Linklaters is a City powerhouse and its corporate department has a reputation as one of the best - it's certainly one of the busiest, with the corporate team bringing in the lion's share of profits.

Linklaters acts for all the sorts of clients you would expect on all the sorts of transactions you would expect. Recent deals included advising News Corporation's Independent Management and Standards Committee in relation to all relevant investigations into the News of the World phone-hacking case; advising Lloyds Bank on a £1.6bn securitisation of PFI loans; and represented BP in its $9bn joint venture with Reliance, which involved BP's acquisition of a 30% stake in 23 oil and gas production blocks operated by Reliance. Other clients include JP Morgan, Standard Chartered Bank and Vodafone.

It has offices covering all the major jurisdictions and financial centres around the world (except, of course, Russia, where it did have a presence).

Ultimately the sorts of profits Linklaters generates don't come with an easy workload, and this may not be the firm to join if you're particularly keen on seeing your home in daylight, or even on public holidays: “there is actually a risk you might be asked to work on Christmas day, New Years Day, Bank Holidays...any given Sunday...”. There are endless complaints of a crippling workload – “you will get flogged. Half to death (and then when you've recovered a bit, you'll get flogged again)." says one PQE. There is massive “internal pressure to bend over backwards, sideways and forwards for clients, even if they don’t really mind about a deadline”, and a “huge amount of face-time”. Criticism also for the building - the view of the Barbican has lost its appeal, and many complain that the inside - despite a lick of paint - is looking a little too shabby these days.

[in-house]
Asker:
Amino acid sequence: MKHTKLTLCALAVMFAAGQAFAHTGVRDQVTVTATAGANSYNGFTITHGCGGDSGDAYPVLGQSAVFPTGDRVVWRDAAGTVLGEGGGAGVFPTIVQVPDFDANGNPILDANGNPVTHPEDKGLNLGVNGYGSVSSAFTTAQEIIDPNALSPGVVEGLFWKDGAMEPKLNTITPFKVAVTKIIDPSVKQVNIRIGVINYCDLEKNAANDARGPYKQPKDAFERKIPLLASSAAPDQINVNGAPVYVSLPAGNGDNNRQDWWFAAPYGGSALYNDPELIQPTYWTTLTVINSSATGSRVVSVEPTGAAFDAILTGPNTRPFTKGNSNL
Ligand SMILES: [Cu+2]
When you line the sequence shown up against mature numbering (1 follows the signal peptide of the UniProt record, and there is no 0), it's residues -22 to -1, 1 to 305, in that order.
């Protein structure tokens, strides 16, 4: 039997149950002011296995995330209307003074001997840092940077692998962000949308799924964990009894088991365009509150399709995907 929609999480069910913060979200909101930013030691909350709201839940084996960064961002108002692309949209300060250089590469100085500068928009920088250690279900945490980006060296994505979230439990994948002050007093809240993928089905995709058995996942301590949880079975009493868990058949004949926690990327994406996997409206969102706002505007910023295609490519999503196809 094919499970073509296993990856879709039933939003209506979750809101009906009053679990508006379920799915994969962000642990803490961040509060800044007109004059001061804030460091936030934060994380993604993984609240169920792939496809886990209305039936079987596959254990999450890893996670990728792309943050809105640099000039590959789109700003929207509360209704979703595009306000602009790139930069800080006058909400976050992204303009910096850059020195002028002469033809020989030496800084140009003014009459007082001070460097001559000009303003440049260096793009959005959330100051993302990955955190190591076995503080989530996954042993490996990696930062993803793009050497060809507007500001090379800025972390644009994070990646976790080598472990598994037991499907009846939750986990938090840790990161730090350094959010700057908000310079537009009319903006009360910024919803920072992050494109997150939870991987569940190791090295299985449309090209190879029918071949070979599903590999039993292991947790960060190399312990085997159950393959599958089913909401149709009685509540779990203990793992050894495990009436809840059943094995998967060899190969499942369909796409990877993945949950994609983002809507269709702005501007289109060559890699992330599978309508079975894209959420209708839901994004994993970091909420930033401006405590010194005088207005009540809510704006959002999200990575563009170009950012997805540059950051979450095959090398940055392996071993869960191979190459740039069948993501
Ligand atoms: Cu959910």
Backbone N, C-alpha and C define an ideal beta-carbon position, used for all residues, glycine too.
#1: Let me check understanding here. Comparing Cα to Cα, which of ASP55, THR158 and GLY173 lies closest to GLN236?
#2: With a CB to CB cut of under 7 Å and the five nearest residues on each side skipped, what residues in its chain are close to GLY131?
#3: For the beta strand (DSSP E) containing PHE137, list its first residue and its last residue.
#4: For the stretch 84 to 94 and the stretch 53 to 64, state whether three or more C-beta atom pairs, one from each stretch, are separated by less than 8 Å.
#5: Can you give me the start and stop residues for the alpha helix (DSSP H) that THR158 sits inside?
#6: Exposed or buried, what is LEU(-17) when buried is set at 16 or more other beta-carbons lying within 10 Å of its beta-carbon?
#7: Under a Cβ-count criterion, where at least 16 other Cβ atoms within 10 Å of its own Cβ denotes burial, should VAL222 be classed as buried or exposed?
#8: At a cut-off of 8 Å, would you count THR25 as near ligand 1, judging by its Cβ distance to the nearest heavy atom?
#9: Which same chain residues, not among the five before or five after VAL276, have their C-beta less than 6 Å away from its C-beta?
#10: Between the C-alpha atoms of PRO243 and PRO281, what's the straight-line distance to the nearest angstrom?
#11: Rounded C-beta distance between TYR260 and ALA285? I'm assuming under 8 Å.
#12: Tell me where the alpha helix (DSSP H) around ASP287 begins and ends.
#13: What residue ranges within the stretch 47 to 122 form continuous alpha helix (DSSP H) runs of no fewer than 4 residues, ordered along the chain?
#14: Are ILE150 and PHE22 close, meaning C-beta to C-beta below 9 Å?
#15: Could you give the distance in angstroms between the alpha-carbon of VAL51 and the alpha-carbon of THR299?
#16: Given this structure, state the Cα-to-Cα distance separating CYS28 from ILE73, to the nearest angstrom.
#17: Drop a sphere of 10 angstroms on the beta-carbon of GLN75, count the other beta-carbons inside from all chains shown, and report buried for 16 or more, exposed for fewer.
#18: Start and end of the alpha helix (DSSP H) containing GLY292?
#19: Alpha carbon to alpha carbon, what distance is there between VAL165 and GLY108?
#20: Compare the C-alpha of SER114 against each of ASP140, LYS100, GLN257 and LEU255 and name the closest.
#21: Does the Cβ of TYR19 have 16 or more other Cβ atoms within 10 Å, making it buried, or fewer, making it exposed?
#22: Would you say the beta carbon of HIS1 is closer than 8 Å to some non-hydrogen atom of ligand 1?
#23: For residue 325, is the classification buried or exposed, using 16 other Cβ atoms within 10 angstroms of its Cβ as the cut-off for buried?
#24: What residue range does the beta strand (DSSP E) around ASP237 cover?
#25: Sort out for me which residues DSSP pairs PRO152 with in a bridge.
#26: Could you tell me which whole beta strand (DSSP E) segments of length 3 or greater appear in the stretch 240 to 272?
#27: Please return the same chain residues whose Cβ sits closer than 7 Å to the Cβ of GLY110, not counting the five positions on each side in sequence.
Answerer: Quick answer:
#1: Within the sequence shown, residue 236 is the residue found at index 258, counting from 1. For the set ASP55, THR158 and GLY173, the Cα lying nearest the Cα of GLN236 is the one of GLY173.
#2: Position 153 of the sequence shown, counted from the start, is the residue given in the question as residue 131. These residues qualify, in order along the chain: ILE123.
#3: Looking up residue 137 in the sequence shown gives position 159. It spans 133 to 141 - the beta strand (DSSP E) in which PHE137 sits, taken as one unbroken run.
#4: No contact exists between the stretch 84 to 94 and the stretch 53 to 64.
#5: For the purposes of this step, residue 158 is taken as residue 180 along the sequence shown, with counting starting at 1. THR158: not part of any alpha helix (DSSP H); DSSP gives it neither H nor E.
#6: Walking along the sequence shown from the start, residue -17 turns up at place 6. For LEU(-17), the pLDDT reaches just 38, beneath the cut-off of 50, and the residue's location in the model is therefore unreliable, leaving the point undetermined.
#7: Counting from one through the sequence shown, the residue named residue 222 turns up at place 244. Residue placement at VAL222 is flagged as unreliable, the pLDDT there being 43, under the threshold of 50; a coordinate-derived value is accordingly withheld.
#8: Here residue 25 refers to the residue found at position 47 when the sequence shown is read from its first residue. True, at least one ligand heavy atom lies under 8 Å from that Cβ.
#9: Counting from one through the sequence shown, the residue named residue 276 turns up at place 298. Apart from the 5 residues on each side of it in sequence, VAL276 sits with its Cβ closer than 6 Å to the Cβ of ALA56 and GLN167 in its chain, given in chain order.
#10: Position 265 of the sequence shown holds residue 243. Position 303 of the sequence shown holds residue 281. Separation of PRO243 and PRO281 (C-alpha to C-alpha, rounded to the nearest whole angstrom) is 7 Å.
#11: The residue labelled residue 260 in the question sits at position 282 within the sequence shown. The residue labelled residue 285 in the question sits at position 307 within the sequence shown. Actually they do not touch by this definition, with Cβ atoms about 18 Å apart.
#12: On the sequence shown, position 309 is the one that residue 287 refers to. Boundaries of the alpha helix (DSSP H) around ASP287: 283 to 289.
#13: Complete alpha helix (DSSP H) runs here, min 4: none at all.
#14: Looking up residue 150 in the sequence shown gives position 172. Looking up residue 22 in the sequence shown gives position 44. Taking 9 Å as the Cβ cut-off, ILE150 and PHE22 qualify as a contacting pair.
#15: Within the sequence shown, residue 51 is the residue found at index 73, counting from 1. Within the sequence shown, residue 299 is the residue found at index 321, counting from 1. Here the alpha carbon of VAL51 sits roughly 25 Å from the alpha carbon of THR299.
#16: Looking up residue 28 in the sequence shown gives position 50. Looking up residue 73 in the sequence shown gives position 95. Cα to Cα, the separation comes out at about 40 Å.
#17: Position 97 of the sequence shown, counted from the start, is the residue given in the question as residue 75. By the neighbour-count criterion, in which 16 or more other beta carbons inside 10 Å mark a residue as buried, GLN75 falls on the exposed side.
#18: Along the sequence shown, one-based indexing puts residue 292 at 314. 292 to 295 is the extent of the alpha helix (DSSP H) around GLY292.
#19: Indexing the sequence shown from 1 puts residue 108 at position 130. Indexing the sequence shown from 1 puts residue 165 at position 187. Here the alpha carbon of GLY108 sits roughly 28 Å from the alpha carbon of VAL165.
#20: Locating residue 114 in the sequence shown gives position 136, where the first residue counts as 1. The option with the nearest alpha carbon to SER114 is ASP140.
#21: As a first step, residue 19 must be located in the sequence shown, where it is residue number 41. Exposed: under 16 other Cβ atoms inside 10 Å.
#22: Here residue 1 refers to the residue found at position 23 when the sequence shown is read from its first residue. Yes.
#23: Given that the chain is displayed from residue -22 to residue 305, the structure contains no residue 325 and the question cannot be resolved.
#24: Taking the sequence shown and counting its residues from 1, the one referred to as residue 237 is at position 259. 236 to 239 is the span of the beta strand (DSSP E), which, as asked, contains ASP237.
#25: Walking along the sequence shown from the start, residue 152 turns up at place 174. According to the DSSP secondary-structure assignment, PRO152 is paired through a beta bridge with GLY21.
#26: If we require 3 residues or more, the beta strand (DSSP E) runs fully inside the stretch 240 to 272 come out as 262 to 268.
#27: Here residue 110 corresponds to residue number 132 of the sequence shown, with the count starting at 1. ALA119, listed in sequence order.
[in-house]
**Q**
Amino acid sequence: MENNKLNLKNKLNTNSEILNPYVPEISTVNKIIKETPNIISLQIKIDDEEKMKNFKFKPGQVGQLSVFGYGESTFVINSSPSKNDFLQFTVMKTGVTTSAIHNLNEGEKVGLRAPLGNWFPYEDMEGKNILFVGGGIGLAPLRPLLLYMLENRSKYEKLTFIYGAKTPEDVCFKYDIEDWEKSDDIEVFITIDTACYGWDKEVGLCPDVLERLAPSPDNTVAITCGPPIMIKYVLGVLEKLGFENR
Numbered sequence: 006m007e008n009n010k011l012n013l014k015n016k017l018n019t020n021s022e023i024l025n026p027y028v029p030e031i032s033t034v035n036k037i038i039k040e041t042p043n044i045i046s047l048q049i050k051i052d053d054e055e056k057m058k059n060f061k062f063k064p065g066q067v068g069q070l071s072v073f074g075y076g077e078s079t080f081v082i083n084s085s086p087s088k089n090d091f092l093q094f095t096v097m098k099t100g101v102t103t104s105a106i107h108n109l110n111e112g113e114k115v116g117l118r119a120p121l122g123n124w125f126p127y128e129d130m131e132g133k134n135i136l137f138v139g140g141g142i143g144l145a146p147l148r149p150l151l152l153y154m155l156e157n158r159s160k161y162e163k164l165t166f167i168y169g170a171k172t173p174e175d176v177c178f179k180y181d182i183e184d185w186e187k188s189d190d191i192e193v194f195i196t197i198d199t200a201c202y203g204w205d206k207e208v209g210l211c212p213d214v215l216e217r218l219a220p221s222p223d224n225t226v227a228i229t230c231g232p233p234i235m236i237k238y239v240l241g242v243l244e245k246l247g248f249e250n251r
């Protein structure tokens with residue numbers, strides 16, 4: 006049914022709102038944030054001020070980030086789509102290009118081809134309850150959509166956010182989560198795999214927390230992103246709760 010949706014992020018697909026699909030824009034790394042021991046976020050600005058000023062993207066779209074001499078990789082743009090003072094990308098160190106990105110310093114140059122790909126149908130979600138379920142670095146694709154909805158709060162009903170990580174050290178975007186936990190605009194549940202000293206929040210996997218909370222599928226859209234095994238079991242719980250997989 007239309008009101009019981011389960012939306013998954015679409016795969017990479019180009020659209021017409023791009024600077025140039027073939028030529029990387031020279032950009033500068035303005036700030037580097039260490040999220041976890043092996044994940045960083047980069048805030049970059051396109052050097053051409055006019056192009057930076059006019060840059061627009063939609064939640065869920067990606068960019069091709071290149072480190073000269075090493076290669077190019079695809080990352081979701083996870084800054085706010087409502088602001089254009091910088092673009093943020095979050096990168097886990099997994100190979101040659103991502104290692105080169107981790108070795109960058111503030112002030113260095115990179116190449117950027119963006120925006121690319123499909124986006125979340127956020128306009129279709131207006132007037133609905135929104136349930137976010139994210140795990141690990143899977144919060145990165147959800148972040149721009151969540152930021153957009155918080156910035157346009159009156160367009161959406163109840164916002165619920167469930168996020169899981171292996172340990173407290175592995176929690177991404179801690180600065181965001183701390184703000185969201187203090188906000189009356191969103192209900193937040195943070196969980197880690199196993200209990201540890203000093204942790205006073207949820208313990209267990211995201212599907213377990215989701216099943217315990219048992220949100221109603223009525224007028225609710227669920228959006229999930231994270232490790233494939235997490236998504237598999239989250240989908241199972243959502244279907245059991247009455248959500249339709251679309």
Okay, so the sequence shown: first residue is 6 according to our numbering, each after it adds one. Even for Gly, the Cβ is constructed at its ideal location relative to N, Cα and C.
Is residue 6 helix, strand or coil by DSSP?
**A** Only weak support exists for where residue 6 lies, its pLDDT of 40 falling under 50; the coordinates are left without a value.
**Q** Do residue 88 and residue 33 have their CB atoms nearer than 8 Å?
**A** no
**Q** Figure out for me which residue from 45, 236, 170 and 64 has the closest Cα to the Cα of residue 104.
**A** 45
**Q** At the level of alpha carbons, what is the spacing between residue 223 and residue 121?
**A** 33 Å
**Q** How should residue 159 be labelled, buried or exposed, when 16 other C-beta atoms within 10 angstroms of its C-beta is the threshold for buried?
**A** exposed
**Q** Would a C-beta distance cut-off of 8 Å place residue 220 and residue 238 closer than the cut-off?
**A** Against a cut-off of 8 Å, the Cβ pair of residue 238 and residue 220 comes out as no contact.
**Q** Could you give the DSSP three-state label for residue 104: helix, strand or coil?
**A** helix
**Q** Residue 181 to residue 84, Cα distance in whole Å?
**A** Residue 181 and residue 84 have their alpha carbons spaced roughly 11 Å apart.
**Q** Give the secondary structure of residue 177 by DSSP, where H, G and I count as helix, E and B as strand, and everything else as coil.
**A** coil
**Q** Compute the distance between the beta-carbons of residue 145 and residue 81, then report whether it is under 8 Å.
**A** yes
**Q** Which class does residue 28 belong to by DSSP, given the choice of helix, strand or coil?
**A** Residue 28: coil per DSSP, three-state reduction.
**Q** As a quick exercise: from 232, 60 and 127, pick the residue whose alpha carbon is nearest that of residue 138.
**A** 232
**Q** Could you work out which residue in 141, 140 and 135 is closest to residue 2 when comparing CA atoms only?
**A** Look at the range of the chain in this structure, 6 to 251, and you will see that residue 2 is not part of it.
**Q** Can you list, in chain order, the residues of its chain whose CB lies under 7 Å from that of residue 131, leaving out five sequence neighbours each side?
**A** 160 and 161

On the upside, there are “loads of parties and events on that people actually want to go to. It's fun, and softens the blow when the hours are tough”. One PQE comments, “surprisingly friendly for a MC firm. (Some) partners that actually seem to care about your having a life away from the firm”. Praise too for the perks, “great facilities - gym, health centre, medical cover, beauty salon, restaurant and shop”. Well what do you expect if you’ve got to be in office 24/7? However Links lawyers get to work on the biggest deals around, "generally a nice bunch of people and the work is first rate”. And the “jelly beans in meeting rooms continue to delight”.

In the RollOnFriday Firm of the Year 2020 satisfaction survey, Linklaters was criticised over perceptions that management did not think juniors deserved their pay. “Amongst the trainees, many have expressed disappointment that some senior members had openly said they did not think the NQ salary hike was warranted”, said one. The Managing Partner ‘lost a lot of good will complaining about NQ salaries in the FT, and then even more when PEP still had a massive jump despite the grudging increase”, said a solicitor. “It was not very nice that they had that view over junior pay”, said another.

As for the pay, of course its very decent, but there were still grumbles in the survey. One lawyer said he was "considering going back to being an NQ. The difference in pay between an NQ and a mid-associate is now only £50k and I'd probably find it less stressful."

"There's a lot of lip service to work/life balance, but the moment it actually involves pushing back on a client deadline or means a partner will actually have to do some work it's quickly forgotten" said a junior lawyer. "All-nighters are common, late nights in the office are mandatory and weekend work is the norm," added the despairing associate.

Training "is brilliant, completing a TC in the MC opens up all kind of doors (although admittedly my poetry is a bit shitty)", said a trainee. "Your development is constantly monitored", said a junior solicitor, "even on a week-to-week basis to ensure you're getting the right spread of work” and working with the right people. ”I genuinely think they couldn't do more in this area, and having formerly been at a US firm, the two are worlds apart"